Hope everyone had an amazing Thanksgiving. I’m finally getting around to posting about our trip to Walt Disney World back in October. And only a month after the fact, which I’d say is pretty good by my procrastination standards.
A Halloween visit to Disney’s Polynesian Village Resort
Funny story: We decided against Mickey’s Halloween Party in Disneyland this year because the ticket price had skyrocketed to almost $120. Out of general curiosity, we looked up the tickets for Mickey’s Not So Scary Halloween Party in Walt Disney World and saw they were only $90.
What a bargain! 😉 So, we took a couple days off work, bought plane tickets to Orlando, and booked a 3-night stay at Disney’s Polynesian Village Resort.
All to save $60 on Halloween party tickets. We are very practical humans.
We flew out of LAX on the Friday morning of Halloween weekend, and arrived in Orlando in the evening. It sucks to lose a whole day traveling, but we prefer it to the misery of a West Coast-East Coast red eye.
(Also, look — it’s Bay Lake and the Magic Kingdom down there.)
Our first impressions
This was our very first time at The Polynesian. Our go-to hotel when booking a Walt Disney World stay has always been Disney’s Grand Floridian (hashtag bougie) but we felt like trying something new this go around.
Our first impression as we stepped inside the lobby? Holy Aulani vibes, Batman! Of course, instead of looking outside the window and seeing the splendor of Hawaii, it’s just…Florida. Also, the leis that they give you at check-in are made of itchy cheap fabric instead of real flowers.
But! Apart from the fact that the Polynesian didn’t live up to it’s Hawaiian counterpart (which, tbh, is impossible), it was charming in its own way.
Rooms & amenities
The Poly is one of Walt Disney World’s “Deluxe” resort offerings, promising top notch service and location for a more premium price. It has fabulous island theming, plus convenient proximity to Magic Kingdom: it’s on the Monorail loop, and has it’s own boat service to the front gates. It’s also walking distance to the Transportation and Ticket Center, where you can hop on the Monorail that takes you to Epcot.
The resort is made up of a bunch of disconnected, scattered buildings or “longhouses.” We stayed club level in the “Hawaii” longhouse, which was really just a sad reminder that we were NOT in Hawaii. It was well situated, though — it looks out onto Seven Seas Lagoon and the Bungalows, with a great view of the sky above Magic Kingdom where they do nightly fireworks.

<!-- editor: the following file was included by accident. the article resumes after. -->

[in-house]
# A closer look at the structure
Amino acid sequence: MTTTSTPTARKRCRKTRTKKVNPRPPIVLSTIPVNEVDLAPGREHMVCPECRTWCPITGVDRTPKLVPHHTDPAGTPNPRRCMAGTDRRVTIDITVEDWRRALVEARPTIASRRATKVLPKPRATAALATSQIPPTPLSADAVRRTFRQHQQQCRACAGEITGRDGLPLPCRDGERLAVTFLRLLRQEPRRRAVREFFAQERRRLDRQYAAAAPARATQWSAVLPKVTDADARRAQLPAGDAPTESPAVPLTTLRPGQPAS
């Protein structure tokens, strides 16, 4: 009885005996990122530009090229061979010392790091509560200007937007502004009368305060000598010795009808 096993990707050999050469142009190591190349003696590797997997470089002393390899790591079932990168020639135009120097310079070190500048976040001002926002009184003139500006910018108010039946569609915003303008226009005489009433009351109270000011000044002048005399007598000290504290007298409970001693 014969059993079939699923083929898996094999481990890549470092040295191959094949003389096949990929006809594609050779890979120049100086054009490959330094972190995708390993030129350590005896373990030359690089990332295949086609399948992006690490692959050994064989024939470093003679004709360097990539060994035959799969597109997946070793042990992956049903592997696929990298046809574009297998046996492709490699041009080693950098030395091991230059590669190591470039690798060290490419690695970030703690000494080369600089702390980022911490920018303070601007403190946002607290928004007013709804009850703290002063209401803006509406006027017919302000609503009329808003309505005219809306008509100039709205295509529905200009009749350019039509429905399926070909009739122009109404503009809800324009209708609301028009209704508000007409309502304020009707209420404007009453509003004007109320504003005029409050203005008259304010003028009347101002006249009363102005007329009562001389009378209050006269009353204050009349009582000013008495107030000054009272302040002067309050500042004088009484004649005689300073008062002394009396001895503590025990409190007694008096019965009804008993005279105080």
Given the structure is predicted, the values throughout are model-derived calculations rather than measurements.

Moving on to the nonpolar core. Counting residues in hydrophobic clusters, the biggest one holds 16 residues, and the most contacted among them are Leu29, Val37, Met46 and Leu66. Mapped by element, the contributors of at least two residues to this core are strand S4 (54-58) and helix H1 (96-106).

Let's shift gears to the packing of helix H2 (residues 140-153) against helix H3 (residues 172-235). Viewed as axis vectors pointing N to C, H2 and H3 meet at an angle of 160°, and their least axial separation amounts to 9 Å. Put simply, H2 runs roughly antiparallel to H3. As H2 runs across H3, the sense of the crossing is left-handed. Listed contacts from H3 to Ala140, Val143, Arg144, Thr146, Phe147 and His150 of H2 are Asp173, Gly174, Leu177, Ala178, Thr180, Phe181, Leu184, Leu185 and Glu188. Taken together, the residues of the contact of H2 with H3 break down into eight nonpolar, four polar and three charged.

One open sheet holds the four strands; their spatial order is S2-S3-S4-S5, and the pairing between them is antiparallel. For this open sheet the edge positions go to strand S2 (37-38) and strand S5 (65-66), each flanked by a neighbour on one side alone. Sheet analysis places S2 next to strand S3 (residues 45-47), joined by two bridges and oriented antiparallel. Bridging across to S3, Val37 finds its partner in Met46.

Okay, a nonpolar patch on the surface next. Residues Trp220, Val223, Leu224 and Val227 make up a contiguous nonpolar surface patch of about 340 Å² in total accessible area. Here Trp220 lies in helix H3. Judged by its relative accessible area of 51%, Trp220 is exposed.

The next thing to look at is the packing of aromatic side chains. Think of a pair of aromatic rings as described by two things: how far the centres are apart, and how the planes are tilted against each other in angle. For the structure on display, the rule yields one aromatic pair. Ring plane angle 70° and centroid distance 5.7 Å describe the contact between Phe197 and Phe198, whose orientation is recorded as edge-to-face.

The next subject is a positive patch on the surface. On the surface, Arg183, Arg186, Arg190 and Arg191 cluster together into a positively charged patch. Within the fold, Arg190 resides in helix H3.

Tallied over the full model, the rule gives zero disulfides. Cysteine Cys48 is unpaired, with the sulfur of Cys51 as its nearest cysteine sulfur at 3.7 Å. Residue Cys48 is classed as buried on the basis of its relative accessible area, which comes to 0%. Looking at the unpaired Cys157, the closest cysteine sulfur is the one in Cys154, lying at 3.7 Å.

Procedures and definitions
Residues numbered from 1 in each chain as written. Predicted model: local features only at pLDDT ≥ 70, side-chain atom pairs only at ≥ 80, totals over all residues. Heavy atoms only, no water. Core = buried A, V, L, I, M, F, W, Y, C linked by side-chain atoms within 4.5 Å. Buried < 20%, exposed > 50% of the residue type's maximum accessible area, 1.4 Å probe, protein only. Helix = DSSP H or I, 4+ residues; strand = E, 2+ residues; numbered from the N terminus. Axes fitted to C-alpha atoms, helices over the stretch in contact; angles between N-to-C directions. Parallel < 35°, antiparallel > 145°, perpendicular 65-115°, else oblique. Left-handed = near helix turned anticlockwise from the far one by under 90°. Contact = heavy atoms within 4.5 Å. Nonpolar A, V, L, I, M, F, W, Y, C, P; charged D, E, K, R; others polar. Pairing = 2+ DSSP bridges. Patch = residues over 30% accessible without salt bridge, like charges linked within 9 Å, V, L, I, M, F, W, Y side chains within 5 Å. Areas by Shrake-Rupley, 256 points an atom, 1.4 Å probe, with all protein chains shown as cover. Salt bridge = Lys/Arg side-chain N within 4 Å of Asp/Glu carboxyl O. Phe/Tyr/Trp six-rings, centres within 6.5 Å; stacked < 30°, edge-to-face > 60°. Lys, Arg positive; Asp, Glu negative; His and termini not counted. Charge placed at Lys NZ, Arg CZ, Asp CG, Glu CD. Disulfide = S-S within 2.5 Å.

The room itself was standard. They just finished renovating the entire hotel a year or so ago, so everything was fresh and new. So, no gripes! Except for maybe the pillows, which were paaaaaaper thin.
Actually, scratch that. Our biggest gripe was Disney’s highly inconsistent bus service to the Poly. This rings true of our many stays at the Grand Floridian, too. Why is it that the Magic Kingdom deluxe resorts have the worst bus schedules?
It took nearly an hour for the bus to arrive when we were waiting at Disney Springs, and nearly that long from Animal Kingdom. It got so bad that we just started taking Lyft everywhere instead of wasting our time.
The King Kamehameha Club
Crappy bus transportation aside, Mark and I had a great time over our 3-night stay. I think at least 70% of that was due to the club level amenities. If you’re not familiar with how it works: Disney offers “club level” rooms that are priced slightly higher per night than standard rooms, and this cost covers access to an all-day lounge that offers all-inclusive drinks, snacks, desserts, etc.
We’ve experienced quite a few club level lounges at Disney resorts. At the Disneyland Hotel it’s the E-Ticket Lounge, at the Grand Californian Hotel it’s the Craftsman Club, and at the Grand Floridian it’s the Royal Palm Club.
At the Polynesian? Enter the King Kamehameha Club. It’s located on the second floor of the Hawaii longhouse, and was just down the hall from our room.
The food options left a little to be desired, but we’ve honestly found that to be the case in most of these club level lounges. I imagine they just run down to the neighborhood Costco for the stuff they serve: oatmeal, toast, cheese and meats, finger foods, tiny desserts… It’s not gourmet, but damn if it’s not convenient.
Plus, the all-you-can-pour-wine is an A++ way to drown out all the screaming children.
The windows of the lounge offer an amazing vantage point to watch the evening fireworks above Magic Kingdom. They even pipe in the music. We hadn’t seen the new Happily Ever After fireworks show, and happened to catch the whole thing by chance when we came up to grab snacks after a day at the Animal Kingdom.
The only bummer was that they didn’t dim the lights inside the club when the fireworks were on, so our eyes had to compete with the awful glare off the windows.
As has become our norm with WDW visits, it was a very quick trip. Barely enough time to settle in before we were packing our bags and heading back to LA.
Since we were only in town for the weekend, there were a lot of things that we didn’t have time to experience: the Polynesian pools, the many restaurants. But we only have good things to say about the things we did experience: Trader Sam’s (mmm, spiked Dole Whip float), room service (super speedy), the King Kamehameha Club (again — hello, convenience).
The Poly was a solid home base for a weekend of adventuring through the parks, but ultimately it didn’t replace the Grand Floridian as the default winner in our minds. The Island vibes were groovy, but at the end of the day they just made us miss Hawaii.
Then again, if you’re heading to Walt Disney World and feeling like a little dose of aloha, the Poly ain’t a bad choice.